The U.S. Department of Justice has ruled that blueprints explaining how three-dimensional guns can be printed can go back online.
The ruling follows a four-year court battle between the U.S. State Department and the company behind the idea, Defense Distributed.
The government originally ordered the files to be taken off the internet in 2013, saying they violated the International Traffic in Arms Regulation. The regulations oversee the export of military weapons and materials.
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Specifically, the government took issue with the company’s ‘Liberator’ pistol blueprint, which had been downloaded more than 100,000 times. Anyone with access to a 3D printer could download the files and create the weapons.
But the company, along with gun lobbyist group Second Amendment Foundation (SAF), argued back that making the files available online is part of their free-speech rights.
In a press release this month, the SAF lauded its win.
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“Not only is this a First Amendment victory for free speech, it also is a devastating blow to the gun prohibition lobby,” the organization’s founder, Alan M. Gottlieb, said in the release.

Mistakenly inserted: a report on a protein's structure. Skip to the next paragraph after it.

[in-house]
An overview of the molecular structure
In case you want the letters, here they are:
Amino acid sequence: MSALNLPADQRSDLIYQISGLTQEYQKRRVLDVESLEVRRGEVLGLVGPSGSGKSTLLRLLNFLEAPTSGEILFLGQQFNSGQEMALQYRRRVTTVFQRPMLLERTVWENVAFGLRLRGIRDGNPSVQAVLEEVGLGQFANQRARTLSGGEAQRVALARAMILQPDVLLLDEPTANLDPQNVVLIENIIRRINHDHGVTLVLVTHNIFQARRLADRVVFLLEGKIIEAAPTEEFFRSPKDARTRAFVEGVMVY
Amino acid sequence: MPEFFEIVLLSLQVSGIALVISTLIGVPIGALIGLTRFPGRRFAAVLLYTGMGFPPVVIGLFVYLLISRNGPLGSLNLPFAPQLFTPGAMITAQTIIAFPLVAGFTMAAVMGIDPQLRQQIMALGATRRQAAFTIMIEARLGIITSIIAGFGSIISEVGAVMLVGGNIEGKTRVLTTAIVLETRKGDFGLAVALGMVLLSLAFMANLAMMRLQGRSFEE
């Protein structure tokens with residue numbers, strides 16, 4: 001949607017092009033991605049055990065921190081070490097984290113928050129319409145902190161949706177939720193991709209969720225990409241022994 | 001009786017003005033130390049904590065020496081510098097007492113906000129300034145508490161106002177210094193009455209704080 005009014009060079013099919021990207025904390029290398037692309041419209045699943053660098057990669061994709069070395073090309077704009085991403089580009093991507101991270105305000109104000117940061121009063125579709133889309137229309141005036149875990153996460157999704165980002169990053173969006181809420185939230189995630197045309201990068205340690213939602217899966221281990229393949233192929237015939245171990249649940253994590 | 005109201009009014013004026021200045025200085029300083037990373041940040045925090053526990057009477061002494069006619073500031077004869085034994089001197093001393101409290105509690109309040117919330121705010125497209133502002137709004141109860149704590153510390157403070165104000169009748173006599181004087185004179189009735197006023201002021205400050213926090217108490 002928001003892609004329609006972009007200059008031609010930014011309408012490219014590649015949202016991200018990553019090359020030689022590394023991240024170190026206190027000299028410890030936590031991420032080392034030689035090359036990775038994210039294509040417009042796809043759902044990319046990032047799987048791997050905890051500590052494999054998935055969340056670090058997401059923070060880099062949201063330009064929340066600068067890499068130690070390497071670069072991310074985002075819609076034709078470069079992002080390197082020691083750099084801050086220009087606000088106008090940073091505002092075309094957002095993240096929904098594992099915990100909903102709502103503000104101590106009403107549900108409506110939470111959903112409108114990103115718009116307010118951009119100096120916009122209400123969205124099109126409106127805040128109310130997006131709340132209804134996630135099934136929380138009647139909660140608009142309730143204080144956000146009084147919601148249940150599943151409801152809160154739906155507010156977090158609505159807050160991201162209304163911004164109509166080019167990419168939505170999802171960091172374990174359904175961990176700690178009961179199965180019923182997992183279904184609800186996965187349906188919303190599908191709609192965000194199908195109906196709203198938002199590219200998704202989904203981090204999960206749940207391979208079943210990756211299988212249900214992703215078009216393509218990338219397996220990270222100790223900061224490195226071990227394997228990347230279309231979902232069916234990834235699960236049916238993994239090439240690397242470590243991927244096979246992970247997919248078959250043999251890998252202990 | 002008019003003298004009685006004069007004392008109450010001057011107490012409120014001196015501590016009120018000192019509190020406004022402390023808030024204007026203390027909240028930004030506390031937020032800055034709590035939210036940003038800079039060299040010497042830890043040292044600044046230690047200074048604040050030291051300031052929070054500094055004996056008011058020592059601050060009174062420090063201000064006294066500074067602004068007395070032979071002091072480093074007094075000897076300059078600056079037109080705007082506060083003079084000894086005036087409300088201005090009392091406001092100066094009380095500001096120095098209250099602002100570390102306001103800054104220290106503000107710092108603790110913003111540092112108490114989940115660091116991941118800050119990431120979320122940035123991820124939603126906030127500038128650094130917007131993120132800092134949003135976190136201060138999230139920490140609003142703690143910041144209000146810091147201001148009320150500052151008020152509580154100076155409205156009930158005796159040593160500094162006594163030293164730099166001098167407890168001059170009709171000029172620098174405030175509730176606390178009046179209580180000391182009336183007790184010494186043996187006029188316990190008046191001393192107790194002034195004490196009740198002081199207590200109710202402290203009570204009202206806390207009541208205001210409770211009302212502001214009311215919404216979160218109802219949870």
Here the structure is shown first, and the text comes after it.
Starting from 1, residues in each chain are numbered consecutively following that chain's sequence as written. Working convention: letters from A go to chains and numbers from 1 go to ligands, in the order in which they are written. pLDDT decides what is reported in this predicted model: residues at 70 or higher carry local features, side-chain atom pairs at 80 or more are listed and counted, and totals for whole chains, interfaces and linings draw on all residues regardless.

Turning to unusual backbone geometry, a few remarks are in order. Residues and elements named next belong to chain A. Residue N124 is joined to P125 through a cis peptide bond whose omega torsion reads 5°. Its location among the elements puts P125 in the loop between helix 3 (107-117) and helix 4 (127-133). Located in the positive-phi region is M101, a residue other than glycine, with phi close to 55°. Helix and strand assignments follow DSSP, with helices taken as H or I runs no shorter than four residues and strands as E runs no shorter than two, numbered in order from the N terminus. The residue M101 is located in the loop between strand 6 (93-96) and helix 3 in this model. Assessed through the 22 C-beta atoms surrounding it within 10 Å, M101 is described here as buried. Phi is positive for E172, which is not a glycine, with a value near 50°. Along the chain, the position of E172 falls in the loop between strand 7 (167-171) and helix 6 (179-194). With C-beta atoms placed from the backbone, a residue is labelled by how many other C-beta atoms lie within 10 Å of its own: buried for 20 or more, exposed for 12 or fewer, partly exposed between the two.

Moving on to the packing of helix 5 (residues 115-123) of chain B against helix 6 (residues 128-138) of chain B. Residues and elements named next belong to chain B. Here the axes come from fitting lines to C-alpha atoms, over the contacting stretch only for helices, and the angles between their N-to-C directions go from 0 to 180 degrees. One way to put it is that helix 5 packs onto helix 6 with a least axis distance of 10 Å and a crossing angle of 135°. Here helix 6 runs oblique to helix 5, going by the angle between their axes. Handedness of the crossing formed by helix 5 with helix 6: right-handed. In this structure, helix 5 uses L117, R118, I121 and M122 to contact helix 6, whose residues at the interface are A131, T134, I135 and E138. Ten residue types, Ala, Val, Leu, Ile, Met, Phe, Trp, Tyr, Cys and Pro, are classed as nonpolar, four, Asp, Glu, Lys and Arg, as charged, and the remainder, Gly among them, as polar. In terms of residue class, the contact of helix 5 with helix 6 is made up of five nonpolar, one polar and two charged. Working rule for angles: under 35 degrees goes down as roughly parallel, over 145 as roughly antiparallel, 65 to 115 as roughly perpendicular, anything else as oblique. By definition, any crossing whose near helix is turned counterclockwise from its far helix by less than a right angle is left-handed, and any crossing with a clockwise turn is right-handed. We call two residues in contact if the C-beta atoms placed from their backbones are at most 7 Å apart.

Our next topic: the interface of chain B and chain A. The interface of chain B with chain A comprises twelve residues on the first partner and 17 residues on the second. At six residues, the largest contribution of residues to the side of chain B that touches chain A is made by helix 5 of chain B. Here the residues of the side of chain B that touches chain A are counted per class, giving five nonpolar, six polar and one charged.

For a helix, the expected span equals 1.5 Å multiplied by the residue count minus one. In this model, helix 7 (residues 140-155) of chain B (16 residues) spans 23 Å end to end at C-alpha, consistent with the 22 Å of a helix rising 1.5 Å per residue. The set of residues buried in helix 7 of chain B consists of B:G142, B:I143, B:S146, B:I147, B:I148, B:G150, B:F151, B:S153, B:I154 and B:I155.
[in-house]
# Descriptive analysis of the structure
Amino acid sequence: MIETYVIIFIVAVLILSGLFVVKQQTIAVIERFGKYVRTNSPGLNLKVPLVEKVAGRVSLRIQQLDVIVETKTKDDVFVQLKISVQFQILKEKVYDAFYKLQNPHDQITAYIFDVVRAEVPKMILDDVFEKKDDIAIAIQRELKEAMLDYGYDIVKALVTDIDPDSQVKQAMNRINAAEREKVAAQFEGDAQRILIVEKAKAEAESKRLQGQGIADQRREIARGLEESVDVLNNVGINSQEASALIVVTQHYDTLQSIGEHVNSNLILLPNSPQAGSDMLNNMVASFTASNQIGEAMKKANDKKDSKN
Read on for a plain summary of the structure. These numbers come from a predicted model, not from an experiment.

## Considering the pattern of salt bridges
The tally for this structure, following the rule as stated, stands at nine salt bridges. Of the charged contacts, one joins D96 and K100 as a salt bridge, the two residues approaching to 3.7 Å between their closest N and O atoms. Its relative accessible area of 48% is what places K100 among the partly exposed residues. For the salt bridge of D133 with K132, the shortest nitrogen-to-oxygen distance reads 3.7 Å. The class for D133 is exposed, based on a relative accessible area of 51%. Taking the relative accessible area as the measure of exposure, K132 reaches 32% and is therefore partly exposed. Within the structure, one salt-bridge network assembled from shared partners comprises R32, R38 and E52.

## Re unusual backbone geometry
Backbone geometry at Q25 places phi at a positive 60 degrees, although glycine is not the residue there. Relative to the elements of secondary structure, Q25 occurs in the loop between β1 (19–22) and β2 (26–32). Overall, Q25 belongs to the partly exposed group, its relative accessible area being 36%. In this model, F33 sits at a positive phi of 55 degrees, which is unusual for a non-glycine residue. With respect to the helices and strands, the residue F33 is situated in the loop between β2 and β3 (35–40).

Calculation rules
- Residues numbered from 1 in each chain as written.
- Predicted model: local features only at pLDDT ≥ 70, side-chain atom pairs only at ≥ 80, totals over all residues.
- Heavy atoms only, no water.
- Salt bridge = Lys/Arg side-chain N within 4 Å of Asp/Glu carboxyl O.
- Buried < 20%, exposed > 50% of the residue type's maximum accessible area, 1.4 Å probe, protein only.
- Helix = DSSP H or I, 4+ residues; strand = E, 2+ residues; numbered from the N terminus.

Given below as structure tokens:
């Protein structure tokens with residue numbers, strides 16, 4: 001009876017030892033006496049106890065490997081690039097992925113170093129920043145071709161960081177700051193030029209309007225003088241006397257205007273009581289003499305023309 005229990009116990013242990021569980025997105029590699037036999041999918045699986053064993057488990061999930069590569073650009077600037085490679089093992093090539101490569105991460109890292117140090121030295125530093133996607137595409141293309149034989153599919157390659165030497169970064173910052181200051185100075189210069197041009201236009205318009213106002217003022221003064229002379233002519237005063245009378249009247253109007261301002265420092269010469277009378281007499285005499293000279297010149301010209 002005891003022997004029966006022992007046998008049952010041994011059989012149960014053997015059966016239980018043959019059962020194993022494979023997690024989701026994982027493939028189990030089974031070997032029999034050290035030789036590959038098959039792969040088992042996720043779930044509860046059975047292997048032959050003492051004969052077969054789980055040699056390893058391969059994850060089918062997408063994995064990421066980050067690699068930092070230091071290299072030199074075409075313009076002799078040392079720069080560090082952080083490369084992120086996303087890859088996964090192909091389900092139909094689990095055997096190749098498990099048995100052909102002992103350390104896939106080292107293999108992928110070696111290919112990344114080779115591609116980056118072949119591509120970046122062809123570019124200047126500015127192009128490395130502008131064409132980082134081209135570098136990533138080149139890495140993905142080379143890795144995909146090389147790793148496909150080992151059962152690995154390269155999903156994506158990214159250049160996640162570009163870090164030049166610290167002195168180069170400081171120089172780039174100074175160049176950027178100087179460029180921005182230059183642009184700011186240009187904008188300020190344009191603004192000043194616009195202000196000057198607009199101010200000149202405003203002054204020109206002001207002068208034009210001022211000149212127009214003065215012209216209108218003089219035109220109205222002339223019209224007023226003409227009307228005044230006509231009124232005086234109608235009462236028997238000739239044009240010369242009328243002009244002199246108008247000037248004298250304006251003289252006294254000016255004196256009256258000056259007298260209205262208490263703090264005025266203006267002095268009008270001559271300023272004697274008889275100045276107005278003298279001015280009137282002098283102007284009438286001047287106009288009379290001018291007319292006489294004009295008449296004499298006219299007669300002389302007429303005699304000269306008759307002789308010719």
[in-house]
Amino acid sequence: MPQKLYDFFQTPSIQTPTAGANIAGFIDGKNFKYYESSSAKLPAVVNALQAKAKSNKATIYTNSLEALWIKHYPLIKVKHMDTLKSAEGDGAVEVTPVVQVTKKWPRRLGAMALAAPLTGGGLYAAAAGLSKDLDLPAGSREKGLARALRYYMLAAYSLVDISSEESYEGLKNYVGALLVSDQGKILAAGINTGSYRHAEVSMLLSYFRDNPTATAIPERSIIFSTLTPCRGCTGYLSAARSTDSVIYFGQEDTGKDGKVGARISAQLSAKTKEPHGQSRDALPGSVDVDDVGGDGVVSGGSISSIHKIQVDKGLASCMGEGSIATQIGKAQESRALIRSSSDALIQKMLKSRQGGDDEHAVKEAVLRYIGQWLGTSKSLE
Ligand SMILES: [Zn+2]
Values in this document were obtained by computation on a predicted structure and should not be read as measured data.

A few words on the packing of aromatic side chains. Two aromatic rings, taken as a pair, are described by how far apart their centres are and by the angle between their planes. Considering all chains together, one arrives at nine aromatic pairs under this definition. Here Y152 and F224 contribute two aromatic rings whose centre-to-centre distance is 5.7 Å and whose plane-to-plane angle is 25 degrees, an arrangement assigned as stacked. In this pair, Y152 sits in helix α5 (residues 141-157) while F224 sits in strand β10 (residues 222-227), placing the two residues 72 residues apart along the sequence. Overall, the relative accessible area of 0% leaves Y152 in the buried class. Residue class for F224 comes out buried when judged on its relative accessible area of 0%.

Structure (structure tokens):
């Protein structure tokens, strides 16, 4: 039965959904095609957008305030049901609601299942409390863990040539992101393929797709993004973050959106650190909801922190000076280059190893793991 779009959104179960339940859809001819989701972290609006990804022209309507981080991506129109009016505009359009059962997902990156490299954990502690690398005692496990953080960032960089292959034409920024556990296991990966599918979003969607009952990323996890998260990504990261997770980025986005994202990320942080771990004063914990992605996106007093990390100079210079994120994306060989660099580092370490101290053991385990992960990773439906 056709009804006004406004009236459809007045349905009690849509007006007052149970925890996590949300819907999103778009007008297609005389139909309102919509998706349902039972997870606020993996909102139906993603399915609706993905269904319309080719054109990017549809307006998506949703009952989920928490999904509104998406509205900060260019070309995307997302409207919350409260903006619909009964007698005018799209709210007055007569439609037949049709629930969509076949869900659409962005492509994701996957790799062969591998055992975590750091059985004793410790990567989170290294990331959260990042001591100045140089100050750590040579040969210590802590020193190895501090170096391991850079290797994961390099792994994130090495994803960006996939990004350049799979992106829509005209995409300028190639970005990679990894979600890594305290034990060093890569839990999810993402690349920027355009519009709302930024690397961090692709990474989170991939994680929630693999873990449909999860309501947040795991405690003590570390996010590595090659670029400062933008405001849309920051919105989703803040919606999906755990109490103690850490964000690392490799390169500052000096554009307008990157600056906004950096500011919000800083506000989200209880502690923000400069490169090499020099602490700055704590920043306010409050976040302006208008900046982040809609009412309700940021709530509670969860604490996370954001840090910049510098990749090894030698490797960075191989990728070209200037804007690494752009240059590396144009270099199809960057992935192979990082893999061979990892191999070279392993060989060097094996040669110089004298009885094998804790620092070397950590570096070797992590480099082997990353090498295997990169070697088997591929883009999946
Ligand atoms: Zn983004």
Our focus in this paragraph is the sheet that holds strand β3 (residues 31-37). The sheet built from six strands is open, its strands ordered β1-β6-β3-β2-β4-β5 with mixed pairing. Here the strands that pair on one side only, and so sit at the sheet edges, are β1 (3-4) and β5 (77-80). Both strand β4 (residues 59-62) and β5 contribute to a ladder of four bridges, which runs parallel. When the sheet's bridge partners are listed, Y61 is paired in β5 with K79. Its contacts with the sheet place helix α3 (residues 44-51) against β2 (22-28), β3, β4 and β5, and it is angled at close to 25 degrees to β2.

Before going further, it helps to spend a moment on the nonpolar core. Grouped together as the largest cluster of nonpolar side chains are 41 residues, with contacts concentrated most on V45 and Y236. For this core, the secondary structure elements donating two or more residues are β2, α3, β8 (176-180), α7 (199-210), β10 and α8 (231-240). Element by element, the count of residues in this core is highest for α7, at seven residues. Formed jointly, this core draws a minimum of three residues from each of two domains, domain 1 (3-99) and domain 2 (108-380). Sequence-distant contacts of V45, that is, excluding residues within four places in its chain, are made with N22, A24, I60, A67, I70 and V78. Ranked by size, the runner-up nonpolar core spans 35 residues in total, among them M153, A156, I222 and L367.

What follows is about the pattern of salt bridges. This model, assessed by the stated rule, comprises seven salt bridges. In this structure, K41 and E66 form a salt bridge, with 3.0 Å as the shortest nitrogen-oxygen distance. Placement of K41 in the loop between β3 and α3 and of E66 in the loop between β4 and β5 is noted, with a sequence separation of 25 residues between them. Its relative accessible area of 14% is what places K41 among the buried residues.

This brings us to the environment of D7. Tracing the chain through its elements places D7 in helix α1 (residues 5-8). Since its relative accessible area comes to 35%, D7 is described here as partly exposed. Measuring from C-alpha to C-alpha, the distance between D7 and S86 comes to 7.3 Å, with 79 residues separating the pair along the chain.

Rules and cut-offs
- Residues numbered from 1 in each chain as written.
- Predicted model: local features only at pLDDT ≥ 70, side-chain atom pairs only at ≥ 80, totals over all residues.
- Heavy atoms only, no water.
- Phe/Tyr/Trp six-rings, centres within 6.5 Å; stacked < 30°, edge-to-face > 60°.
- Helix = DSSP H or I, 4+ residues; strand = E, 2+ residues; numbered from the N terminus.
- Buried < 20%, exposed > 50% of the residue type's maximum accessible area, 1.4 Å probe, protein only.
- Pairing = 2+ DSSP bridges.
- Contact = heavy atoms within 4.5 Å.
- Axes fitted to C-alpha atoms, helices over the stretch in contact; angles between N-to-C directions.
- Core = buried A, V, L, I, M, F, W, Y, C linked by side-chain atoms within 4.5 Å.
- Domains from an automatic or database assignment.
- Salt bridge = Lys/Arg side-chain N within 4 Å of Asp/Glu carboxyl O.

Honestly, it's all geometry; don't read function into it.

“For years, anti-gunners have contended that modern semi-automatic sport-utility rifles are so-called ‘weapons of war,’ and with this settlement, the government has acknowledged they are nothing of the sort.”
The SAF explained that the government will now draft amendments to the arms regulations. The Department of Commerce will take over regulations of commercially available firearms. The government will also pay US$10,000 to the company, as well as thousands in legal fees.
The blueprints, named Ghost Gunner files and computer-aided design (CAD) files, will now be back online by August 1, according to the company.
AR-15 rifles, which have been used in several U.S. mass shootings recently, will also be featured on the site.
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Defense Distributed has boasted about the move, saying: “The age of the downloadable gun formally begins.”
That’s a scary thought for gun-control advocates, who are sounding alarms on the “ghost guns,” which will be unregistered and not come with a serial number.
J. Adam Skaggs, who works with the Giffords Law Center to Prevent Gun Violence, recently told The New York Times that the government’s decision to settle has a lot to do with the country’s change in administration.
“This isn’t a case where the underlying facts of the law changed,” he said. “The only thing that changed was the administration.”
The printed guns, which are made of plastic, would not be detectable by standard airport security measures. That means they can easily go undetected and be transported.
It also means convicted criminals can get their hands on a gun without taking an illegal avenue.
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